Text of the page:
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High-tech 'brand' to track cattle information

Jacqueline Nix/Getty Images Cattle on pasture
HIGH-TECH TRACKING: Two companies are partnering to create a system for connecting management information to individual beef cattle. That information, using blockchain technology, could add value to cattle in the future.
Blockapps and Genesis-Blockchain for Beef partner to tie data to animal from birth to harvest.

The cattle industry captures a lot of information about the animals being raised — birth weights, feed intake, rates of gain and more. A new partnership is looking at ways to make sure all that information stays with the animal, providing buyers along the way critical data as needed.

Blockapps — a blockchain tech company that recently worked with Bayer Crop Science to create TraceHarvest for tracking seed information — is getting into the beef business. Genesis-Blockchain for Beef is teaming with Blockapps to create a new system for tracking data to each animal.

“There are some convergent technologies in the beef industry,” says Sid Siefken, director of business development for Blockapps. “Electronic identification resides with the calf, and companies like AllFlex have RFID tags.”

Siefken recalls the origin of branding to identify cattle on the range. Today, a lot of other information is available about each animal, from its genetic background to how it’s being raised.

“Now, I know exactly where it calved; I know some individual identifying information due to the EID tag. And now we’re going to pull that into a blockchain environment, so we have that beginning record on that animal,” he says.

The blockchain is a secure record of transactions or actions that can be connected to an individual item, like a calf. Electronic information can be connected to that blockchain, and anyone viewing the information will know it’s verified and accurate due to the traceability of the blockchain.

Siefken acknowledges that the earliest days of a single calf’s life and treatment may not make the digital record, but as it’s weaned, preconditioned and moves forward, that information can be captured. However, he says there’s hesitancy regarding the new technology.

“When an animal hits the sale barn, what do we know about it?” he asks. “Typically, what we know is the reputation of the seller.”

With this new system, the buyer can have access to accurate, detailed information about the animal. And with rising consumer interest in where food comes from, more information about how the animal has been treated could add value.

Managing a lot of data

Hannah Garrett, founder and CEO of Genesis-Blockchain for Beef, says this new program is designed to be a “customer-centric data solution for cattle producers.” She notes the system is designed to make it easy to add a lot of data at one time.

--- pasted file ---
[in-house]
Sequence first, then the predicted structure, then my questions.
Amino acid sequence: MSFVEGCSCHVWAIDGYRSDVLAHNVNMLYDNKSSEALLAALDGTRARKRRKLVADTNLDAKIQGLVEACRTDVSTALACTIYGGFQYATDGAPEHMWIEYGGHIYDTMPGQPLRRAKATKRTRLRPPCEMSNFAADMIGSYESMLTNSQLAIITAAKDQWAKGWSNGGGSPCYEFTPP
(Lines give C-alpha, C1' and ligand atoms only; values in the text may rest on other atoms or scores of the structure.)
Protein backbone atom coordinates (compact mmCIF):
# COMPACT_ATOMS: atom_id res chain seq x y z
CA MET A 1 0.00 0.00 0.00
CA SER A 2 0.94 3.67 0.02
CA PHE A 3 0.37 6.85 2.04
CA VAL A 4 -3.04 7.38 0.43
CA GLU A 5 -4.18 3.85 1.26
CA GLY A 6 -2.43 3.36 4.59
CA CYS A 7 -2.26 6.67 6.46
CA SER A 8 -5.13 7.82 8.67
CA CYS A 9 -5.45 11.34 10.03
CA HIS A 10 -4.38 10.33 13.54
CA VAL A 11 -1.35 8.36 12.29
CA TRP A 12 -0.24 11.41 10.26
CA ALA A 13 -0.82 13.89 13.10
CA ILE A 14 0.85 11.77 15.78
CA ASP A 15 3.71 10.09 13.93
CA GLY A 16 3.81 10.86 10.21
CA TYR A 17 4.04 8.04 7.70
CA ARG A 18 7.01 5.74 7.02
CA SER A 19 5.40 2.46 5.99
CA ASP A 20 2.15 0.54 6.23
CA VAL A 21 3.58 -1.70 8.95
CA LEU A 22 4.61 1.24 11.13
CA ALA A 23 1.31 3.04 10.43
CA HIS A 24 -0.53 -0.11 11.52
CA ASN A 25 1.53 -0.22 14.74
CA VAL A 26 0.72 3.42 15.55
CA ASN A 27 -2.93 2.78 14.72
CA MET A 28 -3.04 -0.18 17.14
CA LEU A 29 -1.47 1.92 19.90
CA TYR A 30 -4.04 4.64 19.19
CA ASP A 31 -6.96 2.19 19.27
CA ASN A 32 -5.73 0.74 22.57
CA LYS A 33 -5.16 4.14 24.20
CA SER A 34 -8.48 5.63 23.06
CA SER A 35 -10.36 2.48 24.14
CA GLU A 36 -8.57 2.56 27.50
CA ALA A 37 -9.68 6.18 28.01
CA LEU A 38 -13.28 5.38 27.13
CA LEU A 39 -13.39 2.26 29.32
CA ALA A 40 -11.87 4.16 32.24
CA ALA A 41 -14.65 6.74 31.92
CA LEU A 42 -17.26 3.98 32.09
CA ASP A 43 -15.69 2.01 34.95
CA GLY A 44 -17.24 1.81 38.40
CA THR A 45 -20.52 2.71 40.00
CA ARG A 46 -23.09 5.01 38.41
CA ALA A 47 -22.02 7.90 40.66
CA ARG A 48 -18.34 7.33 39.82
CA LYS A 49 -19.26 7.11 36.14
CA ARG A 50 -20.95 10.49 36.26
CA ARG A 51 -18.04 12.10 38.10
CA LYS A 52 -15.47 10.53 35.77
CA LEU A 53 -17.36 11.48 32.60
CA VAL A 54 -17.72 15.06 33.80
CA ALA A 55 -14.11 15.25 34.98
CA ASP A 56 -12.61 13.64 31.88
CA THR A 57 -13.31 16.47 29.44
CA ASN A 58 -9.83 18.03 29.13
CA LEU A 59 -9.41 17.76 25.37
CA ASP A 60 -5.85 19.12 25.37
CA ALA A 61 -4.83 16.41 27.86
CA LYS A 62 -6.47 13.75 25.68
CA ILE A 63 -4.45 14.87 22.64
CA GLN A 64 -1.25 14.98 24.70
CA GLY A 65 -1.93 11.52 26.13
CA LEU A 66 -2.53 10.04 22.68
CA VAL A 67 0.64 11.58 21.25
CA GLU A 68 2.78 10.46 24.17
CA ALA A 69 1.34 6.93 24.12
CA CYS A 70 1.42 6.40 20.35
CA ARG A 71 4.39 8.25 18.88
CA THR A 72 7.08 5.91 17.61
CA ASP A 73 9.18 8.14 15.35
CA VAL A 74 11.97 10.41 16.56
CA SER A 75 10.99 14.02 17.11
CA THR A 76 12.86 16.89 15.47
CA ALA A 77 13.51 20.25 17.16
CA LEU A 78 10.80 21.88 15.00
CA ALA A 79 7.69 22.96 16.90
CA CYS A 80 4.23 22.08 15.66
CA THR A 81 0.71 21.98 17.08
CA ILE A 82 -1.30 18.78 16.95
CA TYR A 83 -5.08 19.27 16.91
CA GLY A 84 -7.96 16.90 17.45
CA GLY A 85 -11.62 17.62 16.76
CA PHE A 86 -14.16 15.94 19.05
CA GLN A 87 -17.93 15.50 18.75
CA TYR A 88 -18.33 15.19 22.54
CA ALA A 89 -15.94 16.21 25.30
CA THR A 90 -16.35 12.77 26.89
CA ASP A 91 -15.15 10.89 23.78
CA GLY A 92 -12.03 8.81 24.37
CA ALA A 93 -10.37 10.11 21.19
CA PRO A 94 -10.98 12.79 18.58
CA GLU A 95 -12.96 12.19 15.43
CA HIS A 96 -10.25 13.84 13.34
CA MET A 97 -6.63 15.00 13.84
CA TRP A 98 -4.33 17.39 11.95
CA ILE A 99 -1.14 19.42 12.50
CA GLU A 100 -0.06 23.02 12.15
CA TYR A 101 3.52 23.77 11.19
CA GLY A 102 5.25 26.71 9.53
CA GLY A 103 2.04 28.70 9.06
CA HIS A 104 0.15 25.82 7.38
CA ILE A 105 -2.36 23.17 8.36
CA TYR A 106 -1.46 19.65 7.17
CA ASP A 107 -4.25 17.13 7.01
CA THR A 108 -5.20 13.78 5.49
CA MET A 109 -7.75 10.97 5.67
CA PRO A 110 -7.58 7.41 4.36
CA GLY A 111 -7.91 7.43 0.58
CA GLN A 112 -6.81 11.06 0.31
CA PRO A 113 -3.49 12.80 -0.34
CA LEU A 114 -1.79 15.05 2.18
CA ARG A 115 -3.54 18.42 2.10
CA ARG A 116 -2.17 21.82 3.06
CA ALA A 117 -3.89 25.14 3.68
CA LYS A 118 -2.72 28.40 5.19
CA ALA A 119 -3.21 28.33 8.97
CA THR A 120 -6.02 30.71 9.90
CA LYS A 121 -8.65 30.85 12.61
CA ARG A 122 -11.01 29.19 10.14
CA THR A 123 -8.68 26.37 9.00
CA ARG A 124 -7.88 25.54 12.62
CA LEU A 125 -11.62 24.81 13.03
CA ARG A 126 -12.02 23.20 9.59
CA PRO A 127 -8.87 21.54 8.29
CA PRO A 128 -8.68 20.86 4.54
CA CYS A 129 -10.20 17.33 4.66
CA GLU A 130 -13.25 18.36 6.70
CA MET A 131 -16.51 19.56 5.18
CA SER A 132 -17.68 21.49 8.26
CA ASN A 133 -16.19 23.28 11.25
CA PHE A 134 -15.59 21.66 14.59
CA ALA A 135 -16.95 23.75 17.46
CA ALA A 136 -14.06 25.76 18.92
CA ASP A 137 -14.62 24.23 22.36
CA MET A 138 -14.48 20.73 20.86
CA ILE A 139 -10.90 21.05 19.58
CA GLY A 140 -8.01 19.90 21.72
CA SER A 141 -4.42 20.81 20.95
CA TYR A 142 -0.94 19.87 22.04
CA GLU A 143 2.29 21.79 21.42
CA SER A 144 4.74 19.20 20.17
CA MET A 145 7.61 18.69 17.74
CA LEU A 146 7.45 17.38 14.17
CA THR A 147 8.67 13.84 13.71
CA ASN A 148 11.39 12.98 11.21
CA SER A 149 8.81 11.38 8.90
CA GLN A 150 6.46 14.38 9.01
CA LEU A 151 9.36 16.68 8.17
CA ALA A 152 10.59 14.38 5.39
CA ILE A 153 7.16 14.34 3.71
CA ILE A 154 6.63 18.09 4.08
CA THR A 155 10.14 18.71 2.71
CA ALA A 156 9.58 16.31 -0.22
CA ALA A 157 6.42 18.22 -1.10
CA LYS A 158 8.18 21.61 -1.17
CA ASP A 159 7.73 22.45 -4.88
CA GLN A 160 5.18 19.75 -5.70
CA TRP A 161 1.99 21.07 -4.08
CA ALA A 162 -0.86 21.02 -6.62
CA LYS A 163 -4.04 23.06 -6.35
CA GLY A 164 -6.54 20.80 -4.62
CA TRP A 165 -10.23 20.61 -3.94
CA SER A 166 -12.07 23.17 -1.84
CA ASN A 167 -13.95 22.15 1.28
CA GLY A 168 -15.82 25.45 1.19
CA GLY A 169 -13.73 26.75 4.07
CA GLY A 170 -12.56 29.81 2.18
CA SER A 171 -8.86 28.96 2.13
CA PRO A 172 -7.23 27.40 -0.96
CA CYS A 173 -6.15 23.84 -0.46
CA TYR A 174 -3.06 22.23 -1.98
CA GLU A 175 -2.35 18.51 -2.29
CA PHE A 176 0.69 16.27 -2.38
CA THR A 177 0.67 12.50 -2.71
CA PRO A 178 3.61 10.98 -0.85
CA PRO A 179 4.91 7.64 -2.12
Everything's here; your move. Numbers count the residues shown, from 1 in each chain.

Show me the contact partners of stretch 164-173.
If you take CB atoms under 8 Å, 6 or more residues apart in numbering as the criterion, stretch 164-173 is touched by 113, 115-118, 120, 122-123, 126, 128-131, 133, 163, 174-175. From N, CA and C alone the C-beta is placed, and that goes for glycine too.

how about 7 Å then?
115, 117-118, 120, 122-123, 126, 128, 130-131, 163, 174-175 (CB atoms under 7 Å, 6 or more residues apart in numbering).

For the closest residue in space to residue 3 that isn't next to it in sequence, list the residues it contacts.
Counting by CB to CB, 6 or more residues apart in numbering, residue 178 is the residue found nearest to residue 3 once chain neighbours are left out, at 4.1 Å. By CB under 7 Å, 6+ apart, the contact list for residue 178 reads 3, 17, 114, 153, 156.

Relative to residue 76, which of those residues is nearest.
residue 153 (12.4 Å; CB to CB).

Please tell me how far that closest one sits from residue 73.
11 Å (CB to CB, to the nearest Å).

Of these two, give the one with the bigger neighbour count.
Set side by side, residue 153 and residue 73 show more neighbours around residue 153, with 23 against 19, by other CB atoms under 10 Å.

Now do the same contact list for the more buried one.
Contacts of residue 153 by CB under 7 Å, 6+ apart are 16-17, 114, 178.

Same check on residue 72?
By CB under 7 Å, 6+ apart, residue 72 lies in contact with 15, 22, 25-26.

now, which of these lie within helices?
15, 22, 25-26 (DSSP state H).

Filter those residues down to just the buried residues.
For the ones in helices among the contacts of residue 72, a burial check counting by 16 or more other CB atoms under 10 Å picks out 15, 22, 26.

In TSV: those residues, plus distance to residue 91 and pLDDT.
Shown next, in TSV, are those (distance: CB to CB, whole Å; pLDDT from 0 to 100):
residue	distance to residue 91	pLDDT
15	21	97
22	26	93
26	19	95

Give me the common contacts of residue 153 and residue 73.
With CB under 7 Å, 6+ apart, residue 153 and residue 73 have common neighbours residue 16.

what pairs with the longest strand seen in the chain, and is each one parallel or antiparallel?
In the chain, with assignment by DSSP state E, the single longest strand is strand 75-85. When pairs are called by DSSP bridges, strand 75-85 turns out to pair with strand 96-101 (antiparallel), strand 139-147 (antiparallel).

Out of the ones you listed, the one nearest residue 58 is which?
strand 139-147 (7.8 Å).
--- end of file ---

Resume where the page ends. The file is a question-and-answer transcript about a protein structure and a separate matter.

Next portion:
“That’s important in terms of day-to-day work because we don’t work our cattle every day,” she says. “But when we do, we amass a ton of data, and we have to have a place to go with that data.”

Consider those days when you work all your cow-calf pairs, or when separating calves for weaning and preconditioning. That’s a big bubble of information that needs to be linked to each animal, on top of the physical work.

“In terms of the approaches that progressive ranchers are taking right now, they’re doing treatments and following protocols to add value, but currently there’s no way to track that through the system, through the supply chain,” Garrett explains.

Moving the data, at least at this stage, involves the rancher dropping data from the RFID wand into that software, and then uploading it directly to the Genesis platform, Garrett says.

“That gets pulled in through an Excel spreadsheet, and it will upload all the information at one time,” she notes. “Phase 2 for us will be to use a built-in API where once the RFID reader gets back to a Wi-Fi connection, it will automatically push into the Genesis cloud. And then we’ll go in to approve that data set, and then it will automatically be on the platform.”

Users of the Genesis network — both cattle producers and buyers — can have a complete record of the treatment of that animal, Garrett says.

“Every treatment and vaccine, and every action that is applied to the animal’s record has that unique information in the audit log. And that continues to drive value and validity into the records, and the data that flows through those cattle,” she says.

When the packer markets the animal product to the wholesaler, Garrett says the producer “can prove our sustainability standards, our treatment standards, our antibiotic husbandry and use. That really ties into what the consumer is wanting by validating the story.”

She adds that in the future, blockchain-verified cattle records could help build a premium. In a feedyard, cattle with those detailed, verified electronic records might be sold separately to buyers looking for that information.

Blockchain technology is advancing into agriculture in new ways. Genesis-Blockchain for Beef is another step in enhanced record keeping for the industry. Learn more at genesisbeefdata.com. To learn more about Blockapps, visit blockapps.net.

TAGS: Livestock
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